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    USD 101 – Part 3 – Best Practices and Performance Tuning

    Best Practices and Performance Tuning
    In USD 101 – Part 1 we reviewed the high-level Unified Service Desk (USD) architecture to gain an understanding of the USD landscape.  In Part 2 we covered getting a sandbox environment ready.  During this third installment let’s review some best practice considerations to keep the solution healthy and performing at an acceptable rate.

    We have found that in some situations the USD client can become largely unusable or unstable if not cared for properly or by ignoring best practices.  This can include having the software crash outright, become unresponsive, or automatically minimize itself during usage.  The variables surrounding each implementation can vary wildly but, hopefully, some or all of these tips can keep yours on track.

    Locate the problem
    Whether cloud based or on-premise you can consider Dynamics a traditional n-tier architecture.  USD simply adds another n to the stack.  With this in mind you may need to investigate many areas to identify where slowdowns are occurring.

    Issues with the client machine
    While Dynamics itself is web-based the USD client is an installed software package.  It is important to consider many traditional system constraints such as available CPU, memory, and network throughput when troubleshooting a poor performing USD implementation.  If your users will typically have 4-5 other applications open while also using USD it is important to understand that upfront so that a proper workstation analysis can be done and changes can be implemented if necessary.  Similarly, your testing should be conducted under as close to real-life conditions as possible.

    Issues with the solution
    You likely have many customizations and configurations as part of your overall Dynamics implementation.  If the user’s hardware looks to be in good shape (even under load) then the slowdown could be due to large, complex, or poorly written customizations.  This may also manifest itself in the Dynamics web client outside of USD as a larger issue.  Experiencing a slow loading webpage inside an otherwise snappy USD client can exacerbate a perceived slowdown.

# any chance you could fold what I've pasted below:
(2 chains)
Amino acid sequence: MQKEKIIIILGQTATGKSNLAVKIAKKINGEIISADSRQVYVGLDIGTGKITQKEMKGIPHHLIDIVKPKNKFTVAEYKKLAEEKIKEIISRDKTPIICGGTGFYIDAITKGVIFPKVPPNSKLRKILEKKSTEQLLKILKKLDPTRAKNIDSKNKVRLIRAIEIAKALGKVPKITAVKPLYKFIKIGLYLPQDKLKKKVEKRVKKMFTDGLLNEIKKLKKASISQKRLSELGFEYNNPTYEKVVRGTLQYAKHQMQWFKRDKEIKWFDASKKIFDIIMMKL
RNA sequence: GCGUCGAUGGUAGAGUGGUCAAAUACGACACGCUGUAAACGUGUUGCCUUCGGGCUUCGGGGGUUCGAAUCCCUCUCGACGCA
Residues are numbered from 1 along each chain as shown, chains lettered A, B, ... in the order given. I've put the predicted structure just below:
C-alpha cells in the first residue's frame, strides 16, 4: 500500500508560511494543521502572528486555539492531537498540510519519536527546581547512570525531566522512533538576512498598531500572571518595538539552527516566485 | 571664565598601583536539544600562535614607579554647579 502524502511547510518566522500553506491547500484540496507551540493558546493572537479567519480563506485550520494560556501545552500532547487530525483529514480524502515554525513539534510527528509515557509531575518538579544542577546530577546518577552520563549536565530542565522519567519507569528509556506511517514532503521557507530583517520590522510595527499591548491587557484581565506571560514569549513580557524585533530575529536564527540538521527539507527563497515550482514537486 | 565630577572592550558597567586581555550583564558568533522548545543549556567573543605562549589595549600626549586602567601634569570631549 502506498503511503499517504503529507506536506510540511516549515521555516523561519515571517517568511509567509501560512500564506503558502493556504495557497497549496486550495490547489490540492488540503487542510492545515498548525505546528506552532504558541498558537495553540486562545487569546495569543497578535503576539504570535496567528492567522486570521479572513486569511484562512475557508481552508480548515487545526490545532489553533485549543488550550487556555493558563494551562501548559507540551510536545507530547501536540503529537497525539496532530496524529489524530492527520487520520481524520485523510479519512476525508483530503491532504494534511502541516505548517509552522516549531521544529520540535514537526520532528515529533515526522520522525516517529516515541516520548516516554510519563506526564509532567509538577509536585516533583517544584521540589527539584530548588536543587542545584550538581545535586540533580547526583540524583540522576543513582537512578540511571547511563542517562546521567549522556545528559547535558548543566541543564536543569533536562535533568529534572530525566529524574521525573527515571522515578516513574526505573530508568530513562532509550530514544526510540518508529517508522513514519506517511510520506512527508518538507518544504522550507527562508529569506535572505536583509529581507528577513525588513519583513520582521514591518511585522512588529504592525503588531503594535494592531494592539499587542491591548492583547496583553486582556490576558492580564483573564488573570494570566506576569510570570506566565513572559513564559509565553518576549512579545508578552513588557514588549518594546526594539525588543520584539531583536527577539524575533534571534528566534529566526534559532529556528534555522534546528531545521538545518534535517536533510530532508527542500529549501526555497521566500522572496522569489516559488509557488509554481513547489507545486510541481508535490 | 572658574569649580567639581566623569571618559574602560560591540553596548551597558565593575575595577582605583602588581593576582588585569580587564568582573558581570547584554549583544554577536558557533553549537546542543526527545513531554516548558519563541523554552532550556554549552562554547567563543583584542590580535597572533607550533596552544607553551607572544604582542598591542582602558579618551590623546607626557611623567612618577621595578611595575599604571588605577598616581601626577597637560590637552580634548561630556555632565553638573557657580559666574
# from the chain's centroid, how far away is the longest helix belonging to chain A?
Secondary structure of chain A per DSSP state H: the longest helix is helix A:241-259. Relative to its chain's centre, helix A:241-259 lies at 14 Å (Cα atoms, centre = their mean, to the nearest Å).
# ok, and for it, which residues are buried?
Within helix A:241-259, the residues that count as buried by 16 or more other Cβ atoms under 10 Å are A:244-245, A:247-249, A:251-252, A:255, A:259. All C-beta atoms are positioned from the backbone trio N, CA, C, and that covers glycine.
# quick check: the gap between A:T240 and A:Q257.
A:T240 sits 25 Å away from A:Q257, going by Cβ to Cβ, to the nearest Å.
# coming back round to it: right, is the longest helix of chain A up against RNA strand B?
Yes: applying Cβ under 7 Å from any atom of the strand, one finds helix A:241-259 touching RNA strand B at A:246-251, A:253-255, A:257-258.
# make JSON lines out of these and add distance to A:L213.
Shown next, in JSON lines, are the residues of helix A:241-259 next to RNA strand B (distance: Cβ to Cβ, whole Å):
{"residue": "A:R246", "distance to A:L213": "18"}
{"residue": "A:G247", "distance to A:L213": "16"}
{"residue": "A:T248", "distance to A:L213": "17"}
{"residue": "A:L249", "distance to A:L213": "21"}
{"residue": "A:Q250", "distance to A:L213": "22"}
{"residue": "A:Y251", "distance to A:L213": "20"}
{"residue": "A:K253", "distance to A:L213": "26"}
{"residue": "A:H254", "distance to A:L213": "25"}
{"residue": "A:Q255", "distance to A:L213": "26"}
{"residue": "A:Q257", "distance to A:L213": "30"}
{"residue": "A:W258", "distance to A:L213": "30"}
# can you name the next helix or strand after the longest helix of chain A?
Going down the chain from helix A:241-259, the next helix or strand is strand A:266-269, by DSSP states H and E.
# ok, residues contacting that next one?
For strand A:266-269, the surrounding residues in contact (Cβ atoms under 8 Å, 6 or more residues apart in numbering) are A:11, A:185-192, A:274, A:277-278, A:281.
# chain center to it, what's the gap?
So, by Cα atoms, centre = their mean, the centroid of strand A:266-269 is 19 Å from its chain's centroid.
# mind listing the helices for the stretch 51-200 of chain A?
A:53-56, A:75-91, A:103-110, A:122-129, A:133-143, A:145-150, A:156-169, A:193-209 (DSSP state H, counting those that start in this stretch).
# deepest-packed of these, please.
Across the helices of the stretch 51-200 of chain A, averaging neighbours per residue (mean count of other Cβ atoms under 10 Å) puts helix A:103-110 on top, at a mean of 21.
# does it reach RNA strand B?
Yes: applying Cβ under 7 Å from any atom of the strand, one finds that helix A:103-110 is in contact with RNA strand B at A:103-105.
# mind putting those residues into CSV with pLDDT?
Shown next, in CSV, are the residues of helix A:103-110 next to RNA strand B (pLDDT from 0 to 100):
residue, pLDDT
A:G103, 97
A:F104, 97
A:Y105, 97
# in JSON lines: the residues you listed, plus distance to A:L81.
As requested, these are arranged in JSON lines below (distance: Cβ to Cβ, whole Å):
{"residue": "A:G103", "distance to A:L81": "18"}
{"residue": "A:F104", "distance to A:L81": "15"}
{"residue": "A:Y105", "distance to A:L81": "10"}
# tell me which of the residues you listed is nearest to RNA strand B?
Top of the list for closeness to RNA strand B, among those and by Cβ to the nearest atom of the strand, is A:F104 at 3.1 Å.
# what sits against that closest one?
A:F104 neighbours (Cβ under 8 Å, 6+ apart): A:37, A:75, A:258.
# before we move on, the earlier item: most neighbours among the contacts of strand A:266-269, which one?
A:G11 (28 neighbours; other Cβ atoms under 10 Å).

Issues in the network
    Another non-USD bottleneck can be the user’s network connectivity.  Dynamics has a hidden utility that can be used to test a user’s network performance.  Simply, have the user navigate to the following url and capture the results displayed to them.

    http://<CRMServerURL>/tools/diagnostics/diag.aspx

    In general, you are looking for Bandwidth to exceed 50 kilobytes per second and Latency less than 150 milliseconds.

    Fix the problem
    Once you have found where performance bottlenecks are you may be able to remedy them with one or more of the following solutions.

    Version
    The first thing to check is your installed USD version.  We have found that the more recent versions (3+) handle memory use and multiple session management better than their predecessors.  As of this writing version 3.3 is the latest.  Check out this link for a list of recent versions and look into upgrading if your installed version is lagging.

    IE Process
    Certain hosted controls allow for changing the hosting methods.  We have found the “IE Process” hosting method to be the best performing for CRM Dialog, CRM Page, KM Control, and Standard Web Application.

    Process Termination Threshold
    You may alter the timeout used by USD for long running processes.  While this won’t fix a performance problem it can free the user from a lockup and allow them to pursue a different path.

    Out of Memory Threshold
    Use this setting to control when USD refuse additional processes in terms of bytes.

    https://docs.microsoft.com/en-us/dynamics365/customer-engagement/unified-service-desk/admin/manage-options-unified-service-desk

    User Workstation Considerations

    • 32-bit implementations have the most issues with USD.  While this is a supported architecture you will be limited with it.  We strongly recommend a 64-bit architecture for all user workstations.
    • Turn on the “High Performance” power plan.
    • Do not delete browsing history on exit.
    • Automatically check for newer versions of stored pages and bump the temporary internet files cache to 250MB.
    • Select the Enable Protected Mode check box for the Local Intranet security zone in Internet Explorer.
    • Add the following URLs to the Restricted Sites security zone in Internet Explorer:
      • http://close
      • http://event
      • http://uii

    Best Practices Analyzer
    Run the USD BPA utility to detect and mitigate issues with your USD implementation.

    Review the Microsoft published Best Practices
    Some of our tips overlap with what you’ll find here but it’s still a good idea to review the published best practices from Microsoft.